“When words such as ‘human shields’ were used, we sat up and we took note. Those are words used by terrorists, internationally. Human shields – it’s a worrisome thing when words like that are used,” Duarte said.
Let’s not even go down the ANC rabbit hole of how an organisation that’s been “disbanded” can have members. Nor the absurdity of pretending that these former members can feasibly be disciplined by an entity that no longer legally exists.
Suffice it to say, if these armed international counter-revolutionary terrorists threatening the taking of hostages to use as human shields had indeed been right wingers — belonging, say, to AfriForum — a spell in the Naughty Corner would not have been the ANC or law enforcement response.
None of this is surprising. Police Minister Bheki Cele, in an earlier lockdown so keen to be the strong arm of the law that he led armed patrols of otherwise empty beaches to catch bikini-clad blondes sunbathing, did everything possible to avoid having to arrest Zuma.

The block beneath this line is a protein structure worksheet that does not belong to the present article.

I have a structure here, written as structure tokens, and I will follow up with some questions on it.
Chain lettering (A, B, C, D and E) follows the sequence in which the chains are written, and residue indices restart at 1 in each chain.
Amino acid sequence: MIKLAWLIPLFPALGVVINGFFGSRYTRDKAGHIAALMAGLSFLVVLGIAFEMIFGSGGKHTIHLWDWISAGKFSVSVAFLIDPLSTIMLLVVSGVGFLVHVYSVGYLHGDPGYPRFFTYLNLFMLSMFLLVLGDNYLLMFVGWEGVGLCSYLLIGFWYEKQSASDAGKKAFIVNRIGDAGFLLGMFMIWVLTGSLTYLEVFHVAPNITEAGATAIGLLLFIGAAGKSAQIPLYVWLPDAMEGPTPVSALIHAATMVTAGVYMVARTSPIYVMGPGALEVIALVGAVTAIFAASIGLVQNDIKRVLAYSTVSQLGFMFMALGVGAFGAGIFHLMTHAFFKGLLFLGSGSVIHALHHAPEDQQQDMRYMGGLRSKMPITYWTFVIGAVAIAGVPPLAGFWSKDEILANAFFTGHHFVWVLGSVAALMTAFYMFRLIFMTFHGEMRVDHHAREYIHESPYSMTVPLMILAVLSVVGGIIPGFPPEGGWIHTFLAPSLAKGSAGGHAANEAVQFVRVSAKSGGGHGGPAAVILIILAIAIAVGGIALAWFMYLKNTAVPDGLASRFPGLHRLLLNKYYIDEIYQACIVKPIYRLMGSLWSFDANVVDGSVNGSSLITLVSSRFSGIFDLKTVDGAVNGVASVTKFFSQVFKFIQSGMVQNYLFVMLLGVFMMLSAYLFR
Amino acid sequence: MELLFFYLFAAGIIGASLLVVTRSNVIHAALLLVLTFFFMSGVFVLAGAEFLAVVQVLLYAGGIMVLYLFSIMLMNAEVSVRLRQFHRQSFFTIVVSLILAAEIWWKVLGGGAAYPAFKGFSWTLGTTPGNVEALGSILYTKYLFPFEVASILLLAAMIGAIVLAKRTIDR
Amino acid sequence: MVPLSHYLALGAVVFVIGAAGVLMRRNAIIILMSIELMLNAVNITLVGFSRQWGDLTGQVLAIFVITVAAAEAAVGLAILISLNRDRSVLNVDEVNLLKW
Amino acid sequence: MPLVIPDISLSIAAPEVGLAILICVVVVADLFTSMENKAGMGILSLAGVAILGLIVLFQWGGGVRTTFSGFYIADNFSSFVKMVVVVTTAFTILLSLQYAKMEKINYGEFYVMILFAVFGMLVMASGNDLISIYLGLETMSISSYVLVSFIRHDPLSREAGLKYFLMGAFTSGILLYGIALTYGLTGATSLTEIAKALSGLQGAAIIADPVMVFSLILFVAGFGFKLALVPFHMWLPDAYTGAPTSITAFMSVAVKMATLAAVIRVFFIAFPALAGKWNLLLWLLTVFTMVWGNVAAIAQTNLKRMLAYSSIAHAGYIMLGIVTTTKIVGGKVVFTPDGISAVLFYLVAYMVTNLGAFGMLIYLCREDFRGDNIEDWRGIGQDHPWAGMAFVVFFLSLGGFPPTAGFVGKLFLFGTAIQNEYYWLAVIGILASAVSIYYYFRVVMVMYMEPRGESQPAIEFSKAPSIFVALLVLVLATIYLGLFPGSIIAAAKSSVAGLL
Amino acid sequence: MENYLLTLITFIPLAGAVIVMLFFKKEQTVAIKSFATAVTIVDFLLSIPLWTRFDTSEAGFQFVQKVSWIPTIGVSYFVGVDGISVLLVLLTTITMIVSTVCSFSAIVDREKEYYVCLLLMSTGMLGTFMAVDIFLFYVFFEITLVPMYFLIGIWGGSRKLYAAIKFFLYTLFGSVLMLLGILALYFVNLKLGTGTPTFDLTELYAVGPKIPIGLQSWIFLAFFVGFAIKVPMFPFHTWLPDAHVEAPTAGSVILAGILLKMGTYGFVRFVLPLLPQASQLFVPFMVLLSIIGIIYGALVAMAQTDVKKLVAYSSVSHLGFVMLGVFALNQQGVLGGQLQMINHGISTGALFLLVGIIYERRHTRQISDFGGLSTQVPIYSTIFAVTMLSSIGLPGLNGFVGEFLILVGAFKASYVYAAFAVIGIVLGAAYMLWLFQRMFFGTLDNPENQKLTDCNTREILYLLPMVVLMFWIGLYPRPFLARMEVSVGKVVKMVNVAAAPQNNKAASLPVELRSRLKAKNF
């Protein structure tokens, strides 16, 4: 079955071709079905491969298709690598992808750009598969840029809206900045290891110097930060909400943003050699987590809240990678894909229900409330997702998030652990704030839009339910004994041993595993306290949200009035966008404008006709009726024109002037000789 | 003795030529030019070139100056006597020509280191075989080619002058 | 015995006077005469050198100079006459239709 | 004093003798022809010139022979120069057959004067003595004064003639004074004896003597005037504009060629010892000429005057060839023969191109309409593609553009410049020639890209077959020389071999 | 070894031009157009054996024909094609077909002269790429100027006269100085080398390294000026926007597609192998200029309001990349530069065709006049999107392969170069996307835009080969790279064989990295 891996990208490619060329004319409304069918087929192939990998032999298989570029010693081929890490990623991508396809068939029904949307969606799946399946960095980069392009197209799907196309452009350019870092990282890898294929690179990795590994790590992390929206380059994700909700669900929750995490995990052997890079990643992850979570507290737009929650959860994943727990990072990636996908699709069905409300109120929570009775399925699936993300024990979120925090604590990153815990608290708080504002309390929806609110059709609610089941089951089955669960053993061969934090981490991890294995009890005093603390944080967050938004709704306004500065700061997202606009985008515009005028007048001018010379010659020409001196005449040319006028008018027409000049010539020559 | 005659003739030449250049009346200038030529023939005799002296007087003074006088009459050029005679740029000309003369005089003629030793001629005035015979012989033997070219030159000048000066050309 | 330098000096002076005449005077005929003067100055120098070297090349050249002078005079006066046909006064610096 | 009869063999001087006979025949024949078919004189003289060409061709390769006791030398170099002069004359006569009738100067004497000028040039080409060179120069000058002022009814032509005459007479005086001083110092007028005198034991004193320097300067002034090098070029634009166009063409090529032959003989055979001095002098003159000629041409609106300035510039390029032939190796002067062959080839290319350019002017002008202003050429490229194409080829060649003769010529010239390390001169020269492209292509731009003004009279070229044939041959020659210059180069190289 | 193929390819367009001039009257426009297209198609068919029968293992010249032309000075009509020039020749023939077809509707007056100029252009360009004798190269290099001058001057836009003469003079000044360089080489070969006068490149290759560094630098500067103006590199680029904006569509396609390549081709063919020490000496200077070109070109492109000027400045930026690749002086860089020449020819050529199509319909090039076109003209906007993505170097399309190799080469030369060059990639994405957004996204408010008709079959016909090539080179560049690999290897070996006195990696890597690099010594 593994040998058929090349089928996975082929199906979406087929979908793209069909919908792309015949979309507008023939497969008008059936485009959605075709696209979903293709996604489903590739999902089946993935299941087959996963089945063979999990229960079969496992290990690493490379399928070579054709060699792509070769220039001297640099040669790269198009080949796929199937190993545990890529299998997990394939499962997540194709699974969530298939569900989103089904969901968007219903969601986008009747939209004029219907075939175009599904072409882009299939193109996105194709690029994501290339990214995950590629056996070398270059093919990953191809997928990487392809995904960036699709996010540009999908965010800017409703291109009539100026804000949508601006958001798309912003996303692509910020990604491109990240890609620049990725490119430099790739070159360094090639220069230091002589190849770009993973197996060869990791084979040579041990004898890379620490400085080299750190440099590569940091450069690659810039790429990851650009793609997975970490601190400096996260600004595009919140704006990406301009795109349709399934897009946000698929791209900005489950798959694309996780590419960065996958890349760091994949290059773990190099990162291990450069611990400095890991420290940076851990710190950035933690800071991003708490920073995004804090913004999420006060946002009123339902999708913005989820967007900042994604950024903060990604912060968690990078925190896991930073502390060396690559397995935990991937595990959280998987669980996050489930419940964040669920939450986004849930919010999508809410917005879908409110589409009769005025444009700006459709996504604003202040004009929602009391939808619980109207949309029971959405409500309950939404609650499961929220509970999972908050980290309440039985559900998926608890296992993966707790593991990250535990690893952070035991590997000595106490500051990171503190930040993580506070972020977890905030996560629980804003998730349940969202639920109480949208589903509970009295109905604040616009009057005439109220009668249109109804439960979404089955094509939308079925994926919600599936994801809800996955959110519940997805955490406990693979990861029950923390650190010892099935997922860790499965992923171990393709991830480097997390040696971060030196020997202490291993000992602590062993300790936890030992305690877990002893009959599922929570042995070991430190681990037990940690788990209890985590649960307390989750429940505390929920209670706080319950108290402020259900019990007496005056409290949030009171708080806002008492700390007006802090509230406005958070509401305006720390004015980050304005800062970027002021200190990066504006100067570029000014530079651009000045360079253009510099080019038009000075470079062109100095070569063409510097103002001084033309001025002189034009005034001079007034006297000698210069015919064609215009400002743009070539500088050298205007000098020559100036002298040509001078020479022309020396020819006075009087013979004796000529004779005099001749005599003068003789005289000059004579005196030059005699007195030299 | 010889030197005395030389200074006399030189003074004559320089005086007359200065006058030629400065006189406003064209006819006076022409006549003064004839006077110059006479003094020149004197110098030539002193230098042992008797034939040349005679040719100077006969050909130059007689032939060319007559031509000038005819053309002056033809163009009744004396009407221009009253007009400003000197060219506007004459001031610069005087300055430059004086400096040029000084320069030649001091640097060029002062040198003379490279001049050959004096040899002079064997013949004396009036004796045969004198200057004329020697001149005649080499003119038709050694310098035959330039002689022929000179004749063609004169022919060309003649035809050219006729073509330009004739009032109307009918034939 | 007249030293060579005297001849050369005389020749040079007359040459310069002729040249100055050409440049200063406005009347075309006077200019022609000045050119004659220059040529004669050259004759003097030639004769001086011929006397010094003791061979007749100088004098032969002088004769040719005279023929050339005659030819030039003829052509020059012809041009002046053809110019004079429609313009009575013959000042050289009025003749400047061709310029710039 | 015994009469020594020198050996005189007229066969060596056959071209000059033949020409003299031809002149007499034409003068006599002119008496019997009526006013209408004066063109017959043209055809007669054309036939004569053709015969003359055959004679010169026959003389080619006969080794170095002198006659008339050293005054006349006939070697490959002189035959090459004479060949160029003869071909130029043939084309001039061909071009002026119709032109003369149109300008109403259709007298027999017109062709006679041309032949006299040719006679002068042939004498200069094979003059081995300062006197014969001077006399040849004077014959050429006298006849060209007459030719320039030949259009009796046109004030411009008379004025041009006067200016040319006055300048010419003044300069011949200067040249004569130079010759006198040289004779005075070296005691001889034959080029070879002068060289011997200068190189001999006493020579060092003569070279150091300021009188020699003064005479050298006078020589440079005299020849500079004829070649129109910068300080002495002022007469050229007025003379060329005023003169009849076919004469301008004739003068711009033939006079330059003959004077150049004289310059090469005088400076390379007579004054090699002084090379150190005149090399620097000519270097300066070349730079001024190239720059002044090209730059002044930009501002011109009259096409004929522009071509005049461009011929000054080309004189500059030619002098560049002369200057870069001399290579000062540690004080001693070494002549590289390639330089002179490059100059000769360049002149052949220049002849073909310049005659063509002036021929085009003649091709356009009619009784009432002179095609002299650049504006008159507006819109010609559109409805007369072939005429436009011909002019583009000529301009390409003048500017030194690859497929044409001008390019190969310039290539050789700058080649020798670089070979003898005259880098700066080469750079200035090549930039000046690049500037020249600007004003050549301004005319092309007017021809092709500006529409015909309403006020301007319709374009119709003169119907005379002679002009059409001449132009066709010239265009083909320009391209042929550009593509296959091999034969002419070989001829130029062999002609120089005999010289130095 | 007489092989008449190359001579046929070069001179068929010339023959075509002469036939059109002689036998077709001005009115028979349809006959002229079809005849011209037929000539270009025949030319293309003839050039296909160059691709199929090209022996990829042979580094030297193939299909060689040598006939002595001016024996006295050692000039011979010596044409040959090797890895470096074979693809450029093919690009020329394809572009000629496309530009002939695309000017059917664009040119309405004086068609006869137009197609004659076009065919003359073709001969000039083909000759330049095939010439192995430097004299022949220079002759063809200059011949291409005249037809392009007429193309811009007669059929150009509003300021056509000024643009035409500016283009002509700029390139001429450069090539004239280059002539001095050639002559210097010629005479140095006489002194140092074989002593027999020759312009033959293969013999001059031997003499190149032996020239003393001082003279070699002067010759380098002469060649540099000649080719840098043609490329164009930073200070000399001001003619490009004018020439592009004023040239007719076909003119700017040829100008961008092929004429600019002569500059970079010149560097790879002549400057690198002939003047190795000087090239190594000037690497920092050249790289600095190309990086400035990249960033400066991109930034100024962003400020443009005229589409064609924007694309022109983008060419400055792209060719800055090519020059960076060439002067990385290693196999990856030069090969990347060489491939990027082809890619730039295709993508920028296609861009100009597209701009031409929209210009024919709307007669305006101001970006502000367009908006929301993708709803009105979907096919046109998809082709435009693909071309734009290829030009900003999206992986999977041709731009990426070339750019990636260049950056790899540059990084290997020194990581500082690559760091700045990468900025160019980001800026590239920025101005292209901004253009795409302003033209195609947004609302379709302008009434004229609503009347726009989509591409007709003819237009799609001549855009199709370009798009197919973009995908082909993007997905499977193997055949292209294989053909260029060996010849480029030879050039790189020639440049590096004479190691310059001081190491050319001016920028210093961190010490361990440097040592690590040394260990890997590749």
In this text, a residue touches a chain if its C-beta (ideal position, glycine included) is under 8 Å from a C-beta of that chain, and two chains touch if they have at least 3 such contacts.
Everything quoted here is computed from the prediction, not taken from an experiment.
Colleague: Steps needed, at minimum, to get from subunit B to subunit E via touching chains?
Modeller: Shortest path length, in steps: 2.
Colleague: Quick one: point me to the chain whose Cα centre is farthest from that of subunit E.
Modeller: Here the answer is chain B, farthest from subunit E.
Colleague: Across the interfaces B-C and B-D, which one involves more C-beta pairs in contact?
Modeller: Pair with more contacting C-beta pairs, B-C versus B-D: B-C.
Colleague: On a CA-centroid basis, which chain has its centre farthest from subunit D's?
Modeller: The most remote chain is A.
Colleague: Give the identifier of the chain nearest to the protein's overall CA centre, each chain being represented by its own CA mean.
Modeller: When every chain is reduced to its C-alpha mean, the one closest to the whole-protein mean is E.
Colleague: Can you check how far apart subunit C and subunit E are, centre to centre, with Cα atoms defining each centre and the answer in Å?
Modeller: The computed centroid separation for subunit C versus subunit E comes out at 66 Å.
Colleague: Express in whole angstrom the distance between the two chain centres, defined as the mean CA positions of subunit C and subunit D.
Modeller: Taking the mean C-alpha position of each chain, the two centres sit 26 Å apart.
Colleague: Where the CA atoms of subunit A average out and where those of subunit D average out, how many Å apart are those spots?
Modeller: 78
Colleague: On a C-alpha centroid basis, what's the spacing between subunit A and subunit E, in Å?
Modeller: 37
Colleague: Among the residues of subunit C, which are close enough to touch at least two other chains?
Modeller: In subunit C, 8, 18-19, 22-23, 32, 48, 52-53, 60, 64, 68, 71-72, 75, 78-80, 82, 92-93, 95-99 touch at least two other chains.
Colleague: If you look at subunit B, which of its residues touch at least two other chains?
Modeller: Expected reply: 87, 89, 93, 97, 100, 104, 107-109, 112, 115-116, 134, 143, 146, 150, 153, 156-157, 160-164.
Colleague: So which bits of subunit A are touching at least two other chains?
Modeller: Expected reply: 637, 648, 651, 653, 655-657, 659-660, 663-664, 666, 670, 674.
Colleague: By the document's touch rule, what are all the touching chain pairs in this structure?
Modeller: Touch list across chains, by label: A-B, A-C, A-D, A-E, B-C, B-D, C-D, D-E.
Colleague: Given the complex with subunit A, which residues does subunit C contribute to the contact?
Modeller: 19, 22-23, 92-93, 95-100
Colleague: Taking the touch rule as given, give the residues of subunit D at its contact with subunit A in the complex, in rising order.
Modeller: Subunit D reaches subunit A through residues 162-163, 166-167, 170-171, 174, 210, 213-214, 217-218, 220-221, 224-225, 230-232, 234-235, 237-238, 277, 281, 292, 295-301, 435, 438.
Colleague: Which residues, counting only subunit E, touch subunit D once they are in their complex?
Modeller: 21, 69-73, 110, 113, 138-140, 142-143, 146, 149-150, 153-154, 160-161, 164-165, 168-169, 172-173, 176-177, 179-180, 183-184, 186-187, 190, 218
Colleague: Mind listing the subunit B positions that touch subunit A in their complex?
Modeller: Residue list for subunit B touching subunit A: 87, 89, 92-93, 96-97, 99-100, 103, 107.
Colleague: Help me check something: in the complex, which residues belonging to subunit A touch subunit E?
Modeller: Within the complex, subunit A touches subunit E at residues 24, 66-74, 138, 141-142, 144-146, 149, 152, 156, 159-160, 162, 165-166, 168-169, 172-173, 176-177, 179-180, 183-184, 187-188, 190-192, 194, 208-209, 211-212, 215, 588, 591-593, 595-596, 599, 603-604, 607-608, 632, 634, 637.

On the flimsy pretext that Zuma’s last-minute pleas to the Constitutional Court afforded him immunity in the interim, Cele even wrote to the Court for “clarification” of the arrest order. It was only upon receiving advice from senior counsel that he would himself face contempt of court charges if he didn’t go ahead, that he complied. And we are supposed to believe that this reveals the ANC’s heartfelt commitment to the Constitution?
If you want to assess the ANC commitment to the rule of law, measure it against the clamour that’s already taking place within the party, just days into Zuma’s incarceration, calling for his release. A former minister in Thabo Mbeki’s cabinet, Frank Chikane, says Zuma should get a pardon if he “admits he made mistakes”.
Mistakes? The only mistake Zuma will ever admit to is being caught.
Other party leaders are lobbying for early release on compassionate grounds. Apparently, we should be concerned about the vulnerability to Covid of the 79-year-old man who a week ago was — without a mask — cavorting as the up-close cheerleader to a spittle-spewing mob baying for the head of Justice Sisi Khampepe